The leaves rustle in the cemetery winds. The air is still and I am alone. Caught in the fingers of some unseen autumn phantom, I turn to survey the necropolis surrounding me. Some find it odd that I come here, but I do not care what they think. They are nothing to me–people who know nothing of me, see nothing of me. I’d rather walk among the dead than subject myself to their opinions. So, here I am.
My boots–stained with pale, dried mud from the dreary grounds turned to marsh by the intermittent rain–crunch the fallen leaves, obliterating their husks, erasing the remnants of summer life.
Sometimes I hate when the sun shines. The breeze rustles the grass, it sounds like the day whines, crying towards the onset of twilight, unwilling to give way to the moon, like a child angry at bedtime.
“Oh, don’t kick and scream,” I say, gazing up at the darkening skyline. “There’s always tomorrow.”
The paths in this graveyard are hardly discernible; years of neglect in the form of bramble and debris clutter the walkways. Weeds overlap decaying, eroded tombstones, stained with enough moss and lichen to obscure the words. Nameless now are the corpses, ensconced in the dirt of the world. Earthen beds below the footsteps of life, cradled in the arms of forever. How peaceful it must be.
I am just a ghost in the world, but a visible one. These souls may still wander, but unseen. How secure the obscurity. Often times I wish I couldn’t even talk, then I’d have an unwavering excuse not to interact. I could hang back in the shades, hide in the corners, and pretend to be a carcass in a coffin, unnoticed by the passing crowd.
Ugh…sometimes I make myself sick with all this self-absorbed brooding. I feel like an emo kid’s diary, or his notebook of poems. Sickening. I’m too old for that. But, isn’t every person allowed introspection? I mean, I’m not sitting around burdening people with this sudden bout of narcissism; I’m not sitting in front of a mirror with a razor blade to my forearm. I’m just out peacefully strolling along this ruined resting place, overgrown by time. I find solace in the silence here when the world gets too loud.
A rustle in a large mound of decaying branches interrupts my reverie. At first, I imagine a bird or a rat, or some woodland creature scouring this wasteland for dinner, or perhaps nestling into their home. But, when I hear louder cracks ring out, I can’t help but to try and take a closer look.
As I draw nearer, the movement becomes louder, more pronounced. Several of the branches then sail into the air, landing far away on the other side of the hill of shrubbery and tree limbs, beyond my range of vision. I stop in my tracks, realizing that my company is not of the established denizen of a place like this.
I hear the branches begin to shatter as the massive lump of decomposing forestry starts to quiver, sending pieces sliding off the sides. Snorting grumbles cough out from the other side, followed by a garbled rumble that sounds like noises from cracked, distorted vocal chords.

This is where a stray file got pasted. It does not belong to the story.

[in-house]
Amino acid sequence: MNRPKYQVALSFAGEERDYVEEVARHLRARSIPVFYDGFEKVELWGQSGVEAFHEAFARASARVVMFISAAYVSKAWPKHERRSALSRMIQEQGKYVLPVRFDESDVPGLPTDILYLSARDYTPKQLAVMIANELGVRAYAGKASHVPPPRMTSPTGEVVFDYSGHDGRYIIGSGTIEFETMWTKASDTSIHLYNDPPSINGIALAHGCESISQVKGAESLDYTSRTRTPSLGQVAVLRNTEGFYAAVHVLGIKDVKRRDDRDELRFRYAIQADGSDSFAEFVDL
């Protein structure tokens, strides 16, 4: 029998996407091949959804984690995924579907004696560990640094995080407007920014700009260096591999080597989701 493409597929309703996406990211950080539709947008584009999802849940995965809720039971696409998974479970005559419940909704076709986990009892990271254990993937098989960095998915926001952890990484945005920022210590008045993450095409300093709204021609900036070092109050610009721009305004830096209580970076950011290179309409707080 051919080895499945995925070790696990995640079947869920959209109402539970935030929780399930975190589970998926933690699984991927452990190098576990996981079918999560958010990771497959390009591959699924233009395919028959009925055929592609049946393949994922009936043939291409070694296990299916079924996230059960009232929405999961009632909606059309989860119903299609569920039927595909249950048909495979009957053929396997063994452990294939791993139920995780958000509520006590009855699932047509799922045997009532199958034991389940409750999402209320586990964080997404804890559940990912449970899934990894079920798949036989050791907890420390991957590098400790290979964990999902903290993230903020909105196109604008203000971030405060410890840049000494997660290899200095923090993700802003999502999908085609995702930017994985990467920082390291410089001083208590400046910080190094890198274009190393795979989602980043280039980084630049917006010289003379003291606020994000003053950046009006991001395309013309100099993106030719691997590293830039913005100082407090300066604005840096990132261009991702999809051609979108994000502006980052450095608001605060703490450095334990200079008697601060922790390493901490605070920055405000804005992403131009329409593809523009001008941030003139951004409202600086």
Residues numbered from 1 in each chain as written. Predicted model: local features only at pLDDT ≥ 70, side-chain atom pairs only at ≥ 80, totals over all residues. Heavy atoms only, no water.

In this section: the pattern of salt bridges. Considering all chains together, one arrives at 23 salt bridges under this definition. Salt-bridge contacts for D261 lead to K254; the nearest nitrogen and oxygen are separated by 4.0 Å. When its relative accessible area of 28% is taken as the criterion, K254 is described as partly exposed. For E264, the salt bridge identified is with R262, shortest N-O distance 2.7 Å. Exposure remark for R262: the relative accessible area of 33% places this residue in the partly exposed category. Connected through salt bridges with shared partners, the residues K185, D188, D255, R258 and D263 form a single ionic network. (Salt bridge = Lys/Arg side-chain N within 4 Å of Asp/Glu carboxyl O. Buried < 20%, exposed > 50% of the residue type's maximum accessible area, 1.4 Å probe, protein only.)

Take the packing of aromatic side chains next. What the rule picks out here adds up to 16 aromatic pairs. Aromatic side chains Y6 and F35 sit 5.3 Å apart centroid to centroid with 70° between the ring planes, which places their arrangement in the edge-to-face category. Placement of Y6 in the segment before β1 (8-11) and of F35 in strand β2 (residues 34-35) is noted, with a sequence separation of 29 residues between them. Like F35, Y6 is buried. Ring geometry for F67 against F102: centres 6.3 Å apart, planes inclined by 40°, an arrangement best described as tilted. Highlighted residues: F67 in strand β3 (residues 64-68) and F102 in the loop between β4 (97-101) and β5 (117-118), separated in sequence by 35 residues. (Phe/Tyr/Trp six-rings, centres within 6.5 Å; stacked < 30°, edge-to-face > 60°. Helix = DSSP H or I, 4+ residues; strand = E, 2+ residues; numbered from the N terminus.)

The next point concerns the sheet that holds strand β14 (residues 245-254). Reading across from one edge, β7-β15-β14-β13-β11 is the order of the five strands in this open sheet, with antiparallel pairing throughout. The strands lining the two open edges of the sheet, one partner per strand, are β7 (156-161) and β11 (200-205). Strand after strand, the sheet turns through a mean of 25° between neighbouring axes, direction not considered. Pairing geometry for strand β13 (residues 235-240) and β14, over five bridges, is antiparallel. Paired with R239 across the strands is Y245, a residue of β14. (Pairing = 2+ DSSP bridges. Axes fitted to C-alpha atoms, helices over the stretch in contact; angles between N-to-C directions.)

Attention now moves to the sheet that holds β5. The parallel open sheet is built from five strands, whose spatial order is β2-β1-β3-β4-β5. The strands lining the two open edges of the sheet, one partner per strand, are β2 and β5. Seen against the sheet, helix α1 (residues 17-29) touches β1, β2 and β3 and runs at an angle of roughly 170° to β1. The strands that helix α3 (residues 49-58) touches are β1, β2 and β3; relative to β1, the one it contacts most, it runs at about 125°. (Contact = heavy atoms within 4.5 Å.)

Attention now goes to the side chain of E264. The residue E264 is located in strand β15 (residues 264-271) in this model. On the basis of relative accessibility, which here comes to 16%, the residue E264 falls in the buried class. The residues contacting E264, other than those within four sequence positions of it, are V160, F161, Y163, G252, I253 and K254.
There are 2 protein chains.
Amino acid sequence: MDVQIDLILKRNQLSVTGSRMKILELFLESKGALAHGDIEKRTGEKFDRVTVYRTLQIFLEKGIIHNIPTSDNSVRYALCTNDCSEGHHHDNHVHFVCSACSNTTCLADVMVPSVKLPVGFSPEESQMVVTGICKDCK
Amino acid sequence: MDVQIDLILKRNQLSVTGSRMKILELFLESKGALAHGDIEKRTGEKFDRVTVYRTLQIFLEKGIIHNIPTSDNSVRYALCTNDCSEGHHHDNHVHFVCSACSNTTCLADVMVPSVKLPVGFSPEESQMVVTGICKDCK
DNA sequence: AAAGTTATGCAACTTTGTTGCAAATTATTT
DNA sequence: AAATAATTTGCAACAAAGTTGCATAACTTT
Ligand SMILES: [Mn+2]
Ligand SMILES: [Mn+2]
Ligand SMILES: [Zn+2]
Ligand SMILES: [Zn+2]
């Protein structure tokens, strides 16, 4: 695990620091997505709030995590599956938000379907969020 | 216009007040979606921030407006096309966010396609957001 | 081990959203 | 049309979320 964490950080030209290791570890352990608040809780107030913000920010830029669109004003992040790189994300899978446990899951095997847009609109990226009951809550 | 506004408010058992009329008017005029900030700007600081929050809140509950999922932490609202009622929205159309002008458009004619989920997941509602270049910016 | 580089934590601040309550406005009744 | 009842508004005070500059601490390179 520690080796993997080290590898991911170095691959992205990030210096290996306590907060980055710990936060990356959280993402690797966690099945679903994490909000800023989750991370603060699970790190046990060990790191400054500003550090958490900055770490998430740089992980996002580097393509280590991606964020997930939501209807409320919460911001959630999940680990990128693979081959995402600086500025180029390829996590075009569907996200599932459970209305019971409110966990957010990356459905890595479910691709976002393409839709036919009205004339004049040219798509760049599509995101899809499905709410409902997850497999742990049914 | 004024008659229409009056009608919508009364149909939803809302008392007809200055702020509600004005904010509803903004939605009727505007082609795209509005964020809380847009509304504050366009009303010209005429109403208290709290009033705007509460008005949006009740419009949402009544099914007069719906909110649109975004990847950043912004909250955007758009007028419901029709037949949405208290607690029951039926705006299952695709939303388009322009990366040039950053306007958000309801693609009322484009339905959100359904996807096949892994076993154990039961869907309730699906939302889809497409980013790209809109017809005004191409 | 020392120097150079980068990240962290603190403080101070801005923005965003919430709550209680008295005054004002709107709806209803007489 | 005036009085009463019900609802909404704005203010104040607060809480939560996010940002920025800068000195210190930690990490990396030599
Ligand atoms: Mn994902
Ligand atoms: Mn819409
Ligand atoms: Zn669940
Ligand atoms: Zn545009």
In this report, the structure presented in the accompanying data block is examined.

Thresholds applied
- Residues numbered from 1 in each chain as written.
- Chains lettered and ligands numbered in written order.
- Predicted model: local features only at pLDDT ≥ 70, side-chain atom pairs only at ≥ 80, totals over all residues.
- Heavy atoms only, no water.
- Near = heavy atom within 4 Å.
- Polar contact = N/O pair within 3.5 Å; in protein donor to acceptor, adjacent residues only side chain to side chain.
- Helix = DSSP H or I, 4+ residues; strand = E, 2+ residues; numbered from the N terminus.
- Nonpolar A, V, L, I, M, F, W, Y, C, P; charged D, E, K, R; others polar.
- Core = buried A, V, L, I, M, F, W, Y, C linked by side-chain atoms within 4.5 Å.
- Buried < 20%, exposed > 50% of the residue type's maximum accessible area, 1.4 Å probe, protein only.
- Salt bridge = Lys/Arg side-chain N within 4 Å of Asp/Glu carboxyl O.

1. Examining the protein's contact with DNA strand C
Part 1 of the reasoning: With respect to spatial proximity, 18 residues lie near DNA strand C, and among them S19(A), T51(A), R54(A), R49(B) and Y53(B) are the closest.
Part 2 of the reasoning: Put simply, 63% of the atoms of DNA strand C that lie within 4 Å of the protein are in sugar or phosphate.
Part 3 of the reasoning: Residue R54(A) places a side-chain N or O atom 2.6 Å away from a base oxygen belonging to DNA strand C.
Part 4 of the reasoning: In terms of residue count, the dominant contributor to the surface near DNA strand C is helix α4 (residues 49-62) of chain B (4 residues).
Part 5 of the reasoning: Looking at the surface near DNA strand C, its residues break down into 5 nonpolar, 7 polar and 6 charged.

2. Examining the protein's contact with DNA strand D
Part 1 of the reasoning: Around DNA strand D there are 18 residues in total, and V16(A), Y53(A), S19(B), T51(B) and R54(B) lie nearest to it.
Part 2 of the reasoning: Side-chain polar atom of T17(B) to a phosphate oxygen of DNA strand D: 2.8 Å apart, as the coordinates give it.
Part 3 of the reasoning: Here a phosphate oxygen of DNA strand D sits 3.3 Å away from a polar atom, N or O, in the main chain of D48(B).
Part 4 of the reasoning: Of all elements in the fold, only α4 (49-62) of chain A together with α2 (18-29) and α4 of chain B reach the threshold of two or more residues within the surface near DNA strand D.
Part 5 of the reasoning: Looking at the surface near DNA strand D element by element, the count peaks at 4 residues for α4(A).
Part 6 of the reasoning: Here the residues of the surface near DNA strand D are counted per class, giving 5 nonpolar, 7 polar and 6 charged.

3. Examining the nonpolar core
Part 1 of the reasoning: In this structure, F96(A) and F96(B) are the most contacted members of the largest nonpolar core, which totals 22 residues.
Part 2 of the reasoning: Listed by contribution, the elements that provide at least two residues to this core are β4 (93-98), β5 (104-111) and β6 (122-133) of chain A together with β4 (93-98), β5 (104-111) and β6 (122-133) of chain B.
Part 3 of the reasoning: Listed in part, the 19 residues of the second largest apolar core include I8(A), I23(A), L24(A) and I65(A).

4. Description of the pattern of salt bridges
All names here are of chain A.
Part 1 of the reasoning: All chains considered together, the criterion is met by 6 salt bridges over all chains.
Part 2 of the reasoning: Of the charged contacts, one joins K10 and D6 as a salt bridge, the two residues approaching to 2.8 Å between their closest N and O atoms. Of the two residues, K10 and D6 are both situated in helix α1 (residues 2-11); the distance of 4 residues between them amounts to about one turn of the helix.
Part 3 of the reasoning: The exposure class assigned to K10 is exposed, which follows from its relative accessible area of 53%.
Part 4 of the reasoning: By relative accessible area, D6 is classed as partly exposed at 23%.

My body tingles from feet to head, numbing all senses beyond fright. I start to back away, but cannot turn. My morbid nature dies to see what it is. A man? A monster? A beast? Entwined with that dread are exhilaration, excitement, and adventure. I have no idea what is actually about to emerge from the other side.
When I see a large black shape rise above the pile–which stands at least ten feet high–I freeze. I can make out a large, black cranium, jagged horns, and shaggy dark hair. The head looks from side to side and I see a prominent bottom jaw with an extremely long nose, curving downwards into a point. From the top lips hang a set of teeth as big as human bones.
“What the hell?” I whisper.
There is an unintelligible series of grunts just before I watch the head start to rise higher above the dead branches. Beneath the head is a broad, beastly, dark-brown body, rippling with muscles. The smell of death permeates the air. I don’t wait any longer to turn and flee.
I don’t make it far before I step on a bunch of twigs. A deafening, ground-shaking roar then sounds out behind me as I hear the pile of branches begin to be crushed and scattered beneath an immense amount of weight. Methodical, angry vibrations rattle my feet as I run. Heavy, rattling breath drags the wind behind me as whatever ungodly titan arose from the trees begins to lumber in pursuit.
The roar rings out again, almost tossing me to the ground. It is so much nearer, now. All the reserve within me is accessed and I set flight as fast as I can, praying that I don’t lose my footing. But, I don’t know where I’m going to go or how long I’ll have to run. How long can this monster endure? Does it have boundaries?
I’ll run until I’m dead.
The rotten aroma of putrefaction begins to swallow me. The abomination is right behind me. I can see its shadow steal the evening on the ground in front of me. My shadow is gone–erased–just like I fear I am about to be.
The unofficial entrance to the graveyard lies ahead: a small opening in the thin woods blocking the grounds from the highway. I see the gray, dying sunlight beyond it. Maybe if I can make it there, this otherworldly beast will not be able to pass through.
Guess I’m about to find out. I cross my fingers because I am almost all out breath.